Academic journal article American Journal of Psychotherapy

The Mystified Fortune Teller and Other Tales from Psychotherapy

Academic journal article American Journal of Psychotherapy

The Mystified Fortune Teller and Other Tales from Psychotherapy

Article excerpt

GERALD AMADA: The Mystified Fortune Teller and Other Tales from Psychotherapy. Madison Books, New York, 1998, 155 pp., $24.95, ISBN 1-56833-099-5 (cloth).

"A therapist can sometimes get better results by pointing out to a client a common sense course of action than by imparting psychological interpretations of the client's behavior (pp. 33-34)." Such is Amada's conclusion about one of the cases he so clearly outlines. But don't let that mislead you. This is a book about psychotherapy, not about the giving of advice, and Amada is clearly a committed and relatively orthodox practitioner of psychotherapy. But Amada is not so orthodox as to be without surprises, some of which proved to be refreshing, some exasperating. Many of his tales (and they really are well-told tales) were variously touching, heartwarming, humorous, and some were even real adventures and had me wanting to look ahead to see what the outcome might be.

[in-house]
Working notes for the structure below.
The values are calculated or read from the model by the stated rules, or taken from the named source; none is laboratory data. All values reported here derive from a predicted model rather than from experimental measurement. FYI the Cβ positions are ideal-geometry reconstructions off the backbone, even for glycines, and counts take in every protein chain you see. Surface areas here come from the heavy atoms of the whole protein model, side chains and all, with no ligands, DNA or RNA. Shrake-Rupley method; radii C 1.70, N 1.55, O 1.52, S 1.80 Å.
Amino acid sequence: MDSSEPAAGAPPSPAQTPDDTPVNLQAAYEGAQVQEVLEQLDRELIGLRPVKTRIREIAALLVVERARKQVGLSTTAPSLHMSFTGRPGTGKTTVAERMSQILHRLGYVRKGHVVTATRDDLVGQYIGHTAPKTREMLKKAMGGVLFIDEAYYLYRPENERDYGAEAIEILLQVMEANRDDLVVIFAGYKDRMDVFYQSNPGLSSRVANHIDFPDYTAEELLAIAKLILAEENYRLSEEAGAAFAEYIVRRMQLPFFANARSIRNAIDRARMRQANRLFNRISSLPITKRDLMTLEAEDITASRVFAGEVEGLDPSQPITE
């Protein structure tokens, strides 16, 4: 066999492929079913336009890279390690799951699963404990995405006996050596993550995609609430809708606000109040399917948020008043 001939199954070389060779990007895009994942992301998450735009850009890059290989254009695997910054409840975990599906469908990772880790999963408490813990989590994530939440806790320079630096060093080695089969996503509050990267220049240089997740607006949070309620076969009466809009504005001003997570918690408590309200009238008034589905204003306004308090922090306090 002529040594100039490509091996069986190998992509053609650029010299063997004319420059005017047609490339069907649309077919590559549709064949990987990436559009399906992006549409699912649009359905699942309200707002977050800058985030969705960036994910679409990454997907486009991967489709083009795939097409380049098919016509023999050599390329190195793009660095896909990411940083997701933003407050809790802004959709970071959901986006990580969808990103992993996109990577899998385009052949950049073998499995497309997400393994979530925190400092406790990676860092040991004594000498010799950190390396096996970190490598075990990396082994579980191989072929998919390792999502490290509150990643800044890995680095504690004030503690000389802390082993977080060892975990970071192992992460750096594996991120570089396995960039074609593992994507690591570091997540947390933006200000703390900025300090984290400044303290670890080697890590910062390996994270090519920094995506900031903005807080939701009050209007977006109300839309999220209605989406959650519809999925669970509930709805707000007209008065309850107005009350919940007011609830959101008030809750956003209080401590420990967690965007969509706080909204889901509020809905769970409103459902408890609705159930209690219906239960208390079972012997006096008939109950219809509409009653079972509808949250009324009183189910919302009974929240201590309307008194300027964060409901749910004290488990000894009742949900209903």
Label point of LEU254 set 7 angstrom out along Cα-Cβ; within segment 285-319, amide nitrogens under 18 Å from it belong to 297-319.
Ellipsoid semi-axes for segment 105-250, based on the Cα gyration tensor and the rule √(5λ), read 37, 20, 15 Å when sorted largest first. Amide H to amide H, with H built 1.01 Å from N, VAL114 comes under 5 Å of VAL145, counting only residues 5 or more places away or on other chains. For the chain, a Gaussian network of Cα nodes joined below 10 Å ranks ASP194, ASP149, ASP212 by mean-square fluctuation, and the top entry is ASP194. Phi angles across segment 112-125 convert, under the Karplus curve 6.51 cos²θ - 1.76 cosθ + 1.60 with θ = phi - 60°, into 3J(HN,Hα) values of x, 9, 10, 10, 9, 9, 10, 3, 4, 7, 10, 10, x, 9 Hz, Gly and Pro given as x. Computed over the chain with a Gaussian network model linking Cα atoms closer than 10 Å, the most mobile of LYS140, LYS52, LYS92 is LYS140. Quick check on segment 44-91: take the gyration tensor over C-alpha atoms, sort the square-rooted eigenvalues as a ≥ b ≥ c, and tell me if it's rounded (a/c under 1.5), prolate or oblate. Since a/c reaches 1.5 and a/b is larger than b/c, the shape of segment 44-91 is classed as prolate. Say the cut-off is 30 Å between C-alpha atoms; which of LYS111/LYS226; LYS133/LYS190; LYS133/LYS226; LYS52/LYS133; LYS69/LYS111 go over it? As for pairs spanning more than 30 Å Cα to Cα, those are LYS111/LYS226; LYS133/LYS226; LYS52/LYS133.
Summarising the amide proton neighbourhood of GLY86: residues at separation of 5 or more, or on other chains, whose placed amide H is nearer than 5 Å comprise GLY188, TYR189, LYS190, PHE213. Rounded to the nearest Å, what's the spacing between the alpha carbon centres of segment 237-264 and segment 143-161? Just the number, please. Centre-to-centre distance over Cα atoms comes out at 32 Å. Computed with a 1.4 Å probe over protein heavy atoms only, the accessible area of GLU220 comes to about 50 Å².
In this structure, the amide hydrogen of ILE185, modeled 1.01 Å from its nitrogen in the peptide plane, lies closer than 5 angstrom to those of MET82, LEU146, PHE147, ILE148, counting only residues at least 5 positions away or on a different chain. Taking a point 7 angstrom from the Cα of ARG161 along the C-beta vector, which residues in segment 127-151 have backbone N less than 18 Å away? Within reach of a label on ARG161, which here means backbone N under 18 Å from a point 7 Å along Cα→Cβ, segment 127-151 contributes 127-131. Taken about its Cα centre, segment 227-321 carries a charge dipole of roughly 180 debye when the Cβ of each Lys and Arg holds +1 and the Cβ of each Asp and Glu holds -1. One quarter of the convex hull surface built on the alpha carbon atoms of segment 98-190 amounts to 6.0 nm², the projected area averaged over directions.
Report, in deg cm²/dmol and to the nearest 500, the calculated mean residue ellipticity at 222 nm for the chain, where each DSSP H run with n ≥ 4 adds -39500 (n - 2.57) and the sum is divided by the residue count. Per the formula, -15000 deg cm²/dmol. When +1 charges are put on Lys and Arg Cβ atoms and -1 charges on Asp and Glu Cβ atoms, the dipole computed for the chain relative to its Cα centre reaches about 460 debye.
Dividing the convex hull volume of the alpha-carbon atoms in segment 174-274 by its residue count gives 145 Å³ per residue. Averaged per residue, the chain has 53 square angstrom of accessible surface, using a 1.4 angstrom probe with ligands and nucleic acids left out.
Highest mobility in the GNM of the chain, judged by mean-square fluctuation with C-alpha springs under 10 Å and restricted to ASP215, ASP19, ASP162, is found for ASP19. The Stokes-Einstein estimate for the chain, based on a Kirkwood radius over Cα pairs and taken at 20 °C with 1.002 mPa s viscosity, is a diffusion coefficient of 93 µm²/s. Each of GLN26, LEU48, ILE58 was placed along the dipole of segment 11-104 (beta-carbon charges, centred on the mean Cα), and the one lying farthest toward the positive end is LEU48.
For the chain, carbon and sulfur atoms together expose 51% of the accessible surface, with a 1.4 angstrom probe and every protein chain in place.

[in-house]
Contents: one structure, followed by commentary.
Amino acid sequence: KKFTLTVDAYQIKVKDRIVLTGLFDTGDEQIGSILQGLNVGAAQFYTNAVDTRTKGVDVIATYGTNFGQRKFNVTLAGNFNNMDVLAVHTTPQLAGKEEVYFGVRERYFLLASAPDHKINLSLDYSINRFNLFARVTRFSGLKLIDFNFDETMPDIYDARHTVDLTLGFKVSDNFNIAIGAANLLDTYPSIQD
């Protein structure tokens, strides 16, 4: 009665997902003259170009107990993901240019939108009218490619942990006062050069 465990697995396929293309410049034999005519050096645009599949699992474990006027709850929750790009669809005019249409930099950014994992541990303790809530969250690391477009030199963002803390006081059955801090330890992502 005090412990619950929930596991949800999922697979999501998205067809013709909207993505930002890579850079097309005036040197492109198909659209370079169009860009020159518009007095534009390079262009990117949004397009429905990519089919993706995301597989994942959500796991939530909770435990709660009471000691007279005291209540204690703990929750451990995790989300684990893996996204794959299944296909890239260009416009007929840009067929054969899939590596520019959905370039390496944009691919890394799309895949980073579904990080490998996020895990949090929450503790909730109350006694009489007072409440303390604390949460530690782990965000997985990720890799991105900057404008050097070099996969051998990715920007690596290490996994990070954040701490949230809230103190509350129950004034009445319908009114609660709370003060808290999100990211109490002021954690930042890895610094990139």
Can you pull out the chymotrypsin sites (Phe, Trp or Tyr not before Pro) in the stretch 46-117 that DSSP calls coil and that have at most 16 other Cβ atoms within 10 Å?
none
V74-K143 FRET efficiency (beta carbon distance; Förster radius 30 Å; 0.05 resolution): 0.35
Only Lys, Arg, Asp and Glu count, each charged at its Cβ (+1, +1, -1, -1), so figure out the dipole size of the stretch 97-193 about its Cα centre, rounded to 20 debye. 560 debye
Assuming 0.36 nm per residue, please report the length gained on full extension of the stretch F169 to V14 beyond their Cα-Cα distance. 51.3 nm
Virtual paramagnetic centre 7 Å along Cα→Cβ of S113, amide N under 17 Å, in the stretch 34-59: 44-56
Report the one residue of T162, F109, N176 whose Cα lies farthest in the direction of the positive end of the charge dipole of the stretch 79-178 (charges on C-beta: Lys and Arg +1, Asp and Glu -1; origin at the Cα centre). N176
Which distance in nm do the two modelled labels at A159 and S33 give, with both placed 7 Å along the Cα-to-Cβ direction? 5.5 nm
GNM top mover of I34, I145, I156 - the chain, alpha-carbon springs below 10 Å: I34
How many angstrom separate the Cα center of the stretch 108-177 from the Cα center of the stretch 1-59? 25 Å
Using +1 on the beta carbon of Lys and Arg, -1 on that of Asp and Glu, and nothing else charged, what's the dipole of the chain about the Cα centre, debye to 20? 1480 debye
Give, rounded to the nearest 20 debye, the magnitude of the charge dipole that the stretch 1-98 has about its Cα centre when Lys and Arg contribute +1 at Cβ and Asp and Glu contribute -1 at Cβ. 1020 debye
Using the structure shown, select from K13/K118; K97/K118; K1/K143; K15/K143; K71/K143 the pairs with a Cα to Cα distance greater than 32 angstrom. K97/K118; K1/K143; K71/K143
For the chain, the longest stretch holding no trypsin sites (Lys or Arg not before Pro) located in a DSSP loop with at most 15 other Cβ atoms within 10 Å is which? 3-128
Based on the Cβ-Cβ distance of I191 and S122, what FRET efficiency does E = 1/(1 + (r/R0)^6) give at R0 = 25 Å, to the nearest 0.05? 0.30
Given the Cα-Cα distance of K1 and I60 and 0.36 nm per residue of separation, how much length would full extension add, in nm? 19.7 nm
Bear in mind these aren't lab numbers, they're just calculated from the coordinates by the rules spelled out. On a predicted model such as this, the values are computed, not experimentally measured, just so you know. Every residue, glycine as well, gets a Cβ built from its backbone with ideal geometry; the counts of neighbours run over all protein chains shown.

Amada's book is an unhurried one. It is a book that can be begun and set down and later picked up. The examples in this book are widely varied, yet sufficiently common as to evoke memories of patients I have known and treated. Amada's use of descriptive language is good, and I found myself drawn into the narratives (for that is his general style), which he supplements with regular asides that serve as teaching points. …

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